This influx of people learning to code is driven by (1) people interested in becoming software developers and (2) existing workers whose roles are becoming more technical. More jobs today—like data scientists, machine learning engineers, and cybersecurity specialists—are integrated more deeply into development workflows.
Experts project there will be 27.7 million developers in the world by 2023, up from 23 million in 2018. That doesn’t include millions more that code in some capacity: GitHub alone welcomed more than 10 million new developers to its community in the last year and is now home to over 40 million users.
Why newbies matter: They play an outsized role in shaping the future of software development. Among other things, new developers can drive language and framework adoption toward more beginner-friendly developer tools.
As we enter a golden age of software development, expect it to be increasingly shaped by this rapidly expanding community of new developers—and the online platforms they support.
GraphQL takes a big leap forward with MongoDB
MongoDB announced that developers can now interact with their MongoDB databases using the GraphQL API standard. For GraphQL, MongoDB's support signals its growing importance in shaping the future of software development.
What’s GraphQL? It’s an up-and-coming alternative to traditional API standards, like REST and SOAP. From the official documentation: "GraphQL is a query language for APIs and a runtime for fulfilling those queries with your existing data."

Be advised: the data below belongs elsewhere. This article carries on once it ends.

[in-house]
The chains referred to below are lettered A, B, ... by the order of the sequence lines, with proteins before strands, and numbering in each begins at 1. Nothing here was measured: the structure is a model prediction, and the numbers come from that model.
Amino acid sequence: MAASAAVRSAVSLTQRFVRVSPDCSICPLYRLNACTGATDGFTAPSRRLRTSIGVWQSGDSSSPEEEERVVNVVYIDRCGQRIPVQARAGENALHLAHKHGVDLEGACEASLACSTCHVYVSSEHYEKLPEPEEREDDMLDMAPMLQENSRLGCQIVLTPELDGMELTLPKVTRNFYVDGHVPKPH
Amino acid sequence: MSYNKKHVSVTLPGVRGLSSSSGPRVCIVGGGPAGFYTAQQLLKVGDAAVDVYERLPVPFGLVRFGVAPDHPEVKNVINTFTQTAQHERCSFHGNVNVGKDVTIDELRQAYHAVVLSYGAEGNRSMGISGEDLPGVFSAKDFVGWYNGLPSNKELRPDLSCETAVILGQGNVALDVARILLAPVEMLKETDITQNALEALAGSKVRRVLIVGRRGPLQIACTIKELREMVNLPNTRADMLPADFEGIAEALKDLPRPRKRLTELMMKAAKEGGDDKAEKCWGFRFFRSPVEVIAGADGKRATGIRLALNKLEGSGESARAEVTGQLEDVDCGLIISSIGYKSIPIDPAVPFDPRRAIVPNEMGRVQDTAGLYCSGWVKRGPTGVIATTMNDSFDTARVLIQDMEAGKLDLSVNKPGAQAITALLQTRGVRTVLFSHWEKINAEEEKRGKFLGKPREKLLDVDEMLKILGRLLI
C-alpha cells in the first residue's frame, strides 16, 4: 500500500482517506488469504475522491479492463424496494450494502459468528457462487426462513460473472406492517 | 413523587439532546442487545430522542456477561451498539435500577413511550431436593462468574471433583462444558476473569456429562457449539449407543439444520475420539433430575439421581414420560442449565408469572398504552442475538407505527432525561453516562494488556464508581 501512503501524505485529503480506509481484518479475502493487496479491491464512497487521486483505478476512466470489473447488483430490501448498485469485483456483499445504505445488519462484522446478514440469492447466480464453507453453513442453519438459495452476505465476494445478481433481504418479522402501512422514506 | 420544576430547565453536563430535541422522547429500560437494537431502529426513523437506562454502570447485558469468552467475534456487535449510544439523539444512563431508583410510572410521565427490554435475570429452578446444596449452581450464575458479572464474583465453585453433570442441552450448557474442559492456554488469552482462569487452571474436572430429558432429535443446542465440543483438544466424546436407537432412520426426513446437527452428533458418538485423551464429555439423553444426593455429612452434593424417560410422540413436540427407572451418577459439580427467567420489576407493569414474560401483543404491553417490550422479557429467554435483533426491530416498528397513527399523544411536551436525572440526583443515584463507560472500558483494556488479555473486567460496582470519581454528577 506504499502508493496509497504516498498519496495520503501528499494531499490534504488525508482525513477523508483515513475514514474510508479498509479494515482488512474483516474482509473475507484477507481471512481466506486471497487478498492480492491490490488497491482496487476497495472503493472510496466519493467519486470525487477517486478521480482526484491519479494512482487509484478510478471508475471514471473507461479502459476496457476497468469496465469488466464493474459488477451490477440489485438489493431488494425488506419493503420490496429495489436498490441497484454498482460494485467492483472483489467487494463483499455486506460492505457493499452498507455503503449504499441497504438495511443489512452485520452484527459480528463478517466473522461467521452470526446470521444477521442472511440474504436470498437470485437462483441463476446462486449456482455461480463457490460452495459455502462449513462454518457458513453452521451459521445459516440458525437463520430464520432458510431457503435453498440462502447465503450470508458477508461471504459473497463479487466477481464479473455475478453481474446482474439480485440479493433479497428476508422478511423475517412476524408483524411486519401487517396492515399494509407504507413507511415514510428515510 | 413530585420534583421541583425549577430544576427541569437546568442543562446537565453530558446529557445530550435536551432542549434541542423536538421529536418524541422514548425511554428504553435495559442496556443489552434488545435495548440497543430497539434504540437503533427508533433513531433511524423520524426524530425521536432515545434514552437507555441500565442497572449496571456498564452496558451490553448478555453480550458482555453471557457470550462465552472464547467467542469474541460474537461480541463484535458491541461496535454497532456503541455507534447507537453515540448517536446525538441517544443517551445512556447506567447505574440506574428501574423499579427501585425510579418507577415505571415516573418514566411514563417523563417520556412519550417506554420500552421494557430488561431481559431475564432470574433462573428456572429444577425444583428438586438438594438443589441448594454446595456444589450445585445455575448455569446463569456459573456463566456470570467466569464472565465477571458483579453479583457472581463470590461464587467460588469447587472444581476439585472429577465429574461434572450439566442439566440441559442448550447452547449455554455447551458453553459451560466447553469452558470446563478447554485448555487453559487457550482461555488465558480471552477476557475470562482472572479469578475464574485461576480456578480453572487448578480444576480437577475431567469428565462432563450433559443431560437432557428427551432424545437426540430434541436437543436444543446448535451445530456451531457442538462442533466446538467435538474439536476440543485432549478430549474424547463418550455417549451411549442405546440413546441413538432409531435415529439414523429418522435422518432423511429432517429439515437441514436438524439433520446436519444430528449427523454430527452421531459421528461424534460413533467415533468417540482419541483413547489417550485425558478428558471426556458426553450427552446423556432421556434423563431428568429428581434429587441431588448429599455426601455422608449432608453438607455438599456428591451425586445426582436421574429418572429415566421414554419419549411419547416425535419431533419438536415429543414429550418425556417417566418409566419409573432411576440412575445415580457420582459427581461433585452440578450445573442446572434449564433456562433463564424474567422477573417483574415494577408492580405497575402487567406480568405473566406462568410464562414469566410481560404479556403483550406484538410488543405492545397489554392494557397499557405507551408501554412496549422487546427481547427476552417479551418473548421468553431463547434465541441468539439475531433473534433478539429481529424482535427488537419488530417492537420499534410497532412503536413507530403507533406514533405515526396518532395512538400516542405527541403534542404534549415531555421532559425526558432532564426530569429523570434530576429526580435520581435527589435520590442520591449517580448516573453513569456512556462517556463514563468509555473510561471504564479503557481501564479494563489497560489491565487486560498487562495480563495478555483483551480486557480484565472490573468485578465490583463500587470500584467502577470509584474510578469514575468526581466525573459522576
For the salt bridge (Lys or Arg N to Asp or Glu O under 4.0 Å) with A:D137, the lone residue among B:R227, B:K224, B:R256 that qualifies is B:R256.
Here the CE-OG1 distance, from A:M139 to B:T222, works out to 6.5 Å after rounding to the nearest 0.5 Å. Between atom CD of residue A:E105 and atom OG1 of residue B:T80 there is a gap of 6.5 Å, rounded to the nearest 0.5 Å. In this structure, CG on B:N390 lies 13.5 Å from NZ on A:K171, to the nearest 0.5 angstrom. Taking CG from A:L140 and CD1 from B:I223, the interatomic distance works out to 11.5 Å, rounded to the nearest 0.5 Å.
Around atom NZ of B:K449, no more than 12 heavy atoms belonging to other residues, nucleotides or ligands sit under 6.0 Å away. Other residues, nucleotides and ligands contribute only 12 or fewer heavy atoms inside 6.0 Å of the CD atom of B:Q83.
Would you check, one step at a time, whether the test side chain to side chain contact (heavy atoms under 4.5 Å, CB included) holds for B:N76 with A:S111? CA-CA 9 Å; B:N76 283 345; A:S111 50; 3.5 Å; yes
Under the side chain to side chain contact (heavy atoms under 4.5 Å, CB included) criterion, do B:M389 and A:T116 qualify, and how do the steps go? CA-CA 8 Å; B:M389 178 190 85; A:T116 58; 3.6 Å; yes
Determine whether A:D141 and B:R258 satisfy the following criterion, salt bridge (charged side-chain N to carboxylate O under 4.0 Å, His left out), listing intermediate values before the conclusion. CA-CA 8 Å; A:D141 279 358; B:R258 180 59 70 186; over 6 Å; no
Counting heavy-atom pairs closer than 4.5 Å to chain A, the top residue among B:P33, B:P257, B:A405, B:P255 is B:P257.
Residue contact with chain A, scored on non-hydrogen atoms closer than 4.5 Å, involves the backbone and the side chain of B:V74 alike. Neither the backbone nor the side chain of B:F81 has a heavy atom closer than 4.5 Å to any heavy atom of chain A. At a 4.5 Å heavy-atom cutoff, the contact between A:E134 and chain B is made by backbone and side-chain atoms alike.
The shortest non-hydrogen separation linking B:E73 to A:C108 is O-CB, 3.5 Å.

With GraphQL, developers make API requests to a single endpoint, but structure their queries to ask for specific data from any number of resources. The API then compiles and returns data with the same structure as the original request.
GraphQL matters. GraphQL's flexibility makes it easy for developers to request and structure exactly the data they need in just a single trip to the database. While not a silver bullet, it offers developers a new way to build data-driven applications.
And it’s gaining popularity. In 2016, just 5% of developers had ever used GraphQL. In three years, that number has skyrocketed to nearly 38%.
Today GraphQL is used at many big tech companies, like Facebook, GitHub, Pinterest, Coursera, and Shopify.
Now it works with MongoDB. MongoDB’s new features make adding GraphQL support easy for developers.
What’s the impact? MongoDB’s new features are a noteworthy validation of both GraphQL and serverless architecture as valuable development tools. A fusion of these fledgling technologies, with the backing of a big database player, marks a big step forward for the entire ecosystem.
Microsoft gives developers a closer inspection
Microsoft released an open source version of its Application Inspector, a cross-platform tool that engineers can use to understand potential security issues when integrating third-party software in their codebase.
Automated scanning: Developers can run their applications through Microsoft’s Application Inspector, which analyzes the source code and identifies key features of their software.